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Search tags: srs-fiction
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text 2018-04-26 03:46
Reading progress update: I've read 44%.
Planetfall - Emma Newman

I keep wanting to quote this book but I listen to it while doing other things so it's not really convenient. Plus I'm not sure how isolated quotes would come across. Newman manages to convey Ren's anxiety in such a way that I can relate to her despite not necessarily feeling the way she does about the world and I just want to give her a hug although of course I wouldn't because she would find that invasive. If anything I find her voice more intense via audio.

 

Seriously, this book brings out ALL THE FEELS, even on a reread.

 

On a side note so far the book doesn't mention a character that left behind a baby so maybe I didn't miss it like I thought. I still couldn't remember which character it was from the first book though and now I can't be sure about which character it was from the second... Shrug.

 

Since the book was hard for Emma Newman to write, I wonder if the audio was hard for her to read?

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review 2018-04-25 23:47
Praise in the Storm
My Heart Belongs in Glenwood Springs, Colorado: Millie's Resolve - Rebecca Jepson

Glenwood Springs, Colorado, 1888. The peaceful surroundings belie the burgeoning turmoil that enters Millie Cooper’s life once again. As a poor fisherman’s daughter from Nantucket, she has ventured west and established herself as a nurse, working under a kindly doctor. The heartbreak of her past seemingly behind her, she has settled into the routine of her new life. However, when she reluctantly agrees to accept a position as personal attendant to a condescending, asthmatic woman, her past returns with a vengeance. Forced to confront what she had hoped was behind her—and the fact of her lingering hurt—she strives to find peace in the midst of life’s storms.

From the start, “My Heart Belongs in Glenwood Springs” captured and held my interest. Millie makes a dynamic character, with an independence that is unique for the time period and that serves as both a blessing and a hindrance given the constraints of nineteenth-century society. There are many twists and turns in the plot as characters emerge and interact with one another, and as a result, the novel’s conclusion is not clear-cut, with the suspense lasting until the end. This is difficult to accomplish in works of this nature, with a strong thread of romance and redemption and what can easily become a cookie-cutter narrative. As Millie’s story illustrates, healing sometimes comes long after the initial hurt, but God’s grace and mercy can always be found in all of life’s circumstances, guiding us toward His good purposes.

I received a complimentary copy of this book from Barbour Publishing and was under no obligation to post a review.

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text 2018-04-25 22:55
Reading progress update: I've read 9%.
How To Be Brave - Louise Beech

I'm only an hour in to an eleven-hour book but I'm not sure this one is going to be for me. The story seems sound - nine-year-old-girl dramatically passing out and being diagnosed as having Type 1 diabetes, a mother having to cope with the consequences alone and the perhaps ghostly intervention from a dead but still inspirational great grandfather.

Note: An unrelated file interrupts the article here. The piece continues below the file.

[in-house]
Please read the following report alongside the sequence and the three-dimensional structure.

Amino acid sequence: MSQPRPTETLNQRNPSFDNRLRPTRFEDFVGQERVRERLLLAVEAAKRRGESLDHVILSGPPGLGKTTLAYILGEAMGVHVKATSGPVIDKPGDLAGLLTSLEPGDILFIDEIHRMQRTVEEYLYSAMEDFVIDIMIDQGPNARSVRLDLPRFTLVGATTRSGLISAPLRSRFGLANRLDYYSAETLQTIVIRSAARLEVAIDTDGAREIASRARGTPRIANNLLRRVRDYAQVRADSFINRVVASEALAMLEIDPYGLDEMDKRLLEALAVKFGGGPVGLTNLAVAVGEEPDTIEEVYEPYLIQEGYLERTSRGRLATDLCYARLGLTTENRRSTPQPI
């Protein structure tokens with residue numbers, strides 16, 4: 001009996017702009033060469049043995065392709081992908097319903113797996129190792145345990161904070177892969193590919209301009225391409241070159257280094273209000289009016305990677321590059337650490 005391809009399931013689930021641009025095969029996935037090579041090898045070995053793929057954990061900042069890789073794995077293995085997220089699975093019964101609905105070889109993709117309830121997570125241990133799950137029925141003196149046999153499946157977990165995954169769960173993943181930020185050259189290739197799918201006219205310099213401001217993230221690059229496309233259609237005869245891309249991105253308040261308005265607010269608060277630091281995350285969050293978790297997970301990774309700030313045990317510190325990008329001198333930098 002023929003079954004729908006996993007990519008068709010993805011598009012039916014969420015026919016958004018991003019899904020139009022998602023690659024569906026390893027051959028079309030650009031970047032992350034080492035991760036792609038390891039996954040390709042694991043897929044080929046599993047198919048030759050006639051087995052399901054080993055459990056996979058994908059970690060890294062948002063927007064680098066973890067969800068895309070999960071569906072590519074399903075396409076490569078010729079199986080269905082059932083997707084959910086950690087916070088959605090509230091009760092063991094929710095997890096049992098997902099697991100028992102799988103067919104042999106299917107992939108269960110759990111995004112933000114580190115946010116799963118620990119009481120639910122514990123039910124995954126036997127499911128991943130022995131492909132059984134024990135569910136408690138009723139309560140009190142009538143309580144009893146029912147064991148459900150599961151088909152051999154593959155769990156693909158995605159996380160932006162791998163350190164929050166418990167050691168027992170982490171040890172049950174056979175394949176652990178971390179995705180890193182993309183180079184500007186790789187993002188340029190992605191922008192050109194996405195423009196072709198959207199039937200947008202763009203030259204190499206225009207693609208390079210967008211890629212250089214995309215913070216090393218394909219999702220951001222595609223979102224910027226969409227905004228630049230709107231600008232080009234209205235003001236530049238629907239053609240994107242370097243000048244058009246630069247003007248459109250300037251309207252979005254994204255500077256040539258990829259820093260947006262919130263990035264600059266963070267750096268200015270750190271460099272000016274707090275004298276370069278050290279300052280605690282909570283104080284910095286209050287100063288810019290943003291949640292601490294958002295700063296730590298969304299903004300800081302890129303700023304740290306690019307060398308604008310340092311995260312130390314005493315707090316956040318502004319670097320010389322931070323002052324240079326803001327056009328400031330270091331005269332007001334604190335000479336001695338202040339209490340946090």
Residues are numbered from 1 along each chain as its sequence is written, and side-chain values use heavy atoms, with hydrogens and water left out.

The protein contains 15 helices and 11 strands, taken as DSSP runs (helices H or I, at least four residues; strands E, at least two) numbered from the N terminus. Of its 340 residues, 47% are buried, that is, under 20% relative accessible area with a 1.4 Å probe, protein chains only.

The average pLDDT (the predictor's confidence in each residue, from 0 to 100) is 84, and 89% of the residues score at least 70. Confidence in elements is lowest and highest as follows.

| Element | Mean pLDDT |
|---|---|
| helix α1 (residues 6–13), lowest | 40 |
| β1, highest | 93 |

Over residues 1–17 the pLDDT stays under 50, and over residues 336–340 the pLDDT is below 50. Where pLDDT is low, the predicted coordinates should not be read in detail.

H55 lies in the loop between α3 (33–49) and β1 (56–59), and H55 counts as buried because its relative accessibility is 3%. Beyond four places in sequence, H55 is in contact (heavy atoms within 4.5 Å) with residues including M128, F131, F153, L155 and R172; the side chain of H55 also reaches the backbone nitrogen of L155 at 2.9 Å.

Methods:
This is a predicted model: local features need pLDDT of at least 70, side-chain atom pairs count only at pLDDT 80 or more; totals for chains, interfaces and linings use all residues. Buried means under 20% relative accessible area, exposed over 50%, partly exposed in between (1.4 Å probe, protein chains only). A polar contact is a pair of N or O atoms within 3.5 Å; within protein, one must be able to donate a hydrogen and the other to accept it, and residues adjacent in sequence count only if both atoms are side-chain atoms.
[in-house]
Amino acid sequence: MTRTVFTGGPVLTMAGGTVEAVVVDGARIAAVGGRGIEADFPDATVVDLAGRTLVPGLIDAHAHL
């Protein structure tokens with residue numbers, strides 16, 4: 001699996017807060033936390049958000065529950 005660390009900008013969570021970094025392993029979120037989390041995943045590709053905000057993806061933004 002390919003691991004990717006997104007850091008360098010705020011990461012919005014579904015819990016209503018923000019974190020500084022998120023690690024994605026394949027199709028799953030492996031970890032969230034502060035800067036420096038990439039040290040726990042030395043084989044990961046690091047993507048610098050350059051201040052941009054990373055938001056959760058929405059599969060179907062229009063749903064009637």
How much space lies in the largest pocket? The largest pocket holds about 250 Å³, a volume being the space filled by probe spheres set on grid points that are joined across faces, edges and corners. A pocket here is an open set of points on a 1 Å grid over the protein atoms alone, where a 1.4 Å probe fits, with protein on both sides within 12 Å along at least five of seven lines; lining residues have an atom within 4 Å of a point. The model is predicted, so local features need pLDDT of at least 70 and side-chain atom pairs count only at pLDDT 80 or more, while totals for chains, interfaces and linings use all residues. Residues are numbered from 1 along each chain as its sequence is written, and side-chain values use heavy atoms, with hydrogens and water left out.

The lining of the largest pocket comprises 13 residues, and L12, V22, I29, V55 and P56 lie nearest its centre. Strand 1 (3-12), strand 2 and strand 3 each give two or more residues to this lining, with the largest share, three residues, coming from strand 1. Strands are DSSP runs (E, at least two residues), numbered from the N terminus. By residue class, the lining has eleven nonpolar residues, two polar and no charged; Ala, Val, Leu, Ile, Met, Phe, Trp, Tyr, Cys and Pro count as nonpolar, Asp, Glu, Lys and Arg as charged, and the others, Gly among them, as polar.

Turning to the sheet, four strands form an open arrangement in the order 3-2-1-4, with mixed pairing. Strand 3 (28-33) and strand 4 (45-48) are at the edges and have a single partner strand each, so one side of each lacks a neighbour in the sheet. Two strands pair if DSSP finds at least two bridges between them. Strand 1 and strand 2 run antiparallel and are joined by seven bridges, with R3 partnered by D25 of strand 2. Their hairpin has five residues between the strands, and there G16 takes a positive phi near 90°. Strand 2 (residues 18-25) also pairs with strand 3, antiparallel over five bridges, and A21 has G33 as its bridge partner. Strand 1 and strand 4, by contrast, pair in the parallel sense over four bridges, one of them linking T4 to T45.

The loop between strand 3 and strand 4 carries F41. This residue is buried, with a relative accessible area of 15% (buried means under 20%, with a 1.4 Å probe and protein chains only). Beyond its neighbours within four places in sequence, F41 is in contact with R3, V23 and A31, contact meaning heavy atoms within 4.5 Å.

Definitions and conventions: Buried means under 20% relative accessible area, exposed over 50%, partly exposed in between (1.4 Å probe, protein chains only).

This book is semi-autobiographical and I can feel the authenticity of the experience but  the pace is a little slow, the language is a little over-written while still managing to sound flat and the sentiment verges on Hallmark

 

I'll give myself another hour before I decide to listen or leave.

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review 2018-04-25 21:07
Compelling WWII historical fiction, coming-of-age and M/M love story, and a fascinating backdrop.
The Artist and the Soldier. A Novel - Angelle Petta

When I was approached about the possibility of reviewing this book, I was fascinated by the historical background behind it, which I was not familiar with. A book combining World War II, Nazi summer camps in the US, the filming of a movie by Vittorio De Sicca in Rome during the war, and a love story, had to be a winner.

The author manages to combine a coming-of-age (both male protagonists, Max and Bastian, are very young at the beginning of the book) and love story with a fascinating historical background. The two youths meet at a Nazi summer camp in New York. Both their fathers are German and want them to grow up aware of their heritage. Max and Bastian are, in many ways, mirror images of each other, opposites that, indeed, attract. Bastian looks German (blond, tall, strong), is impulsive and always excels when it comes to sports, and outdoor activities, whilst Max takes after his Italian mother, is quiet, and has the soul of an artist. They both suffer trauma and have difficult childhoods, although in different ways. The unlikely pair becomes close and Bastian supports Max when tragedy strikes, although things take a bad turn, and they end up separated by life and circumstances.

They go their separate ways, and we keep waiting, convinced they will meet again. Bastian is still daring, impulsive, and is plagued by self-hatred and doubt. Max, who has always been more accepting of his own identity and has become stronger and more determined, has been living in Italy, has studied film, and finds a great opportunity to help Italian Jews. He takes part in the project of filming a movie under the protection of the Vatican and comes up with the idea of offering them contracts there. De Sica is determined to keep filming for as long as he can to keep all those people safe, and this historical fact provides a fascinating backdrop to the story of the two lovers.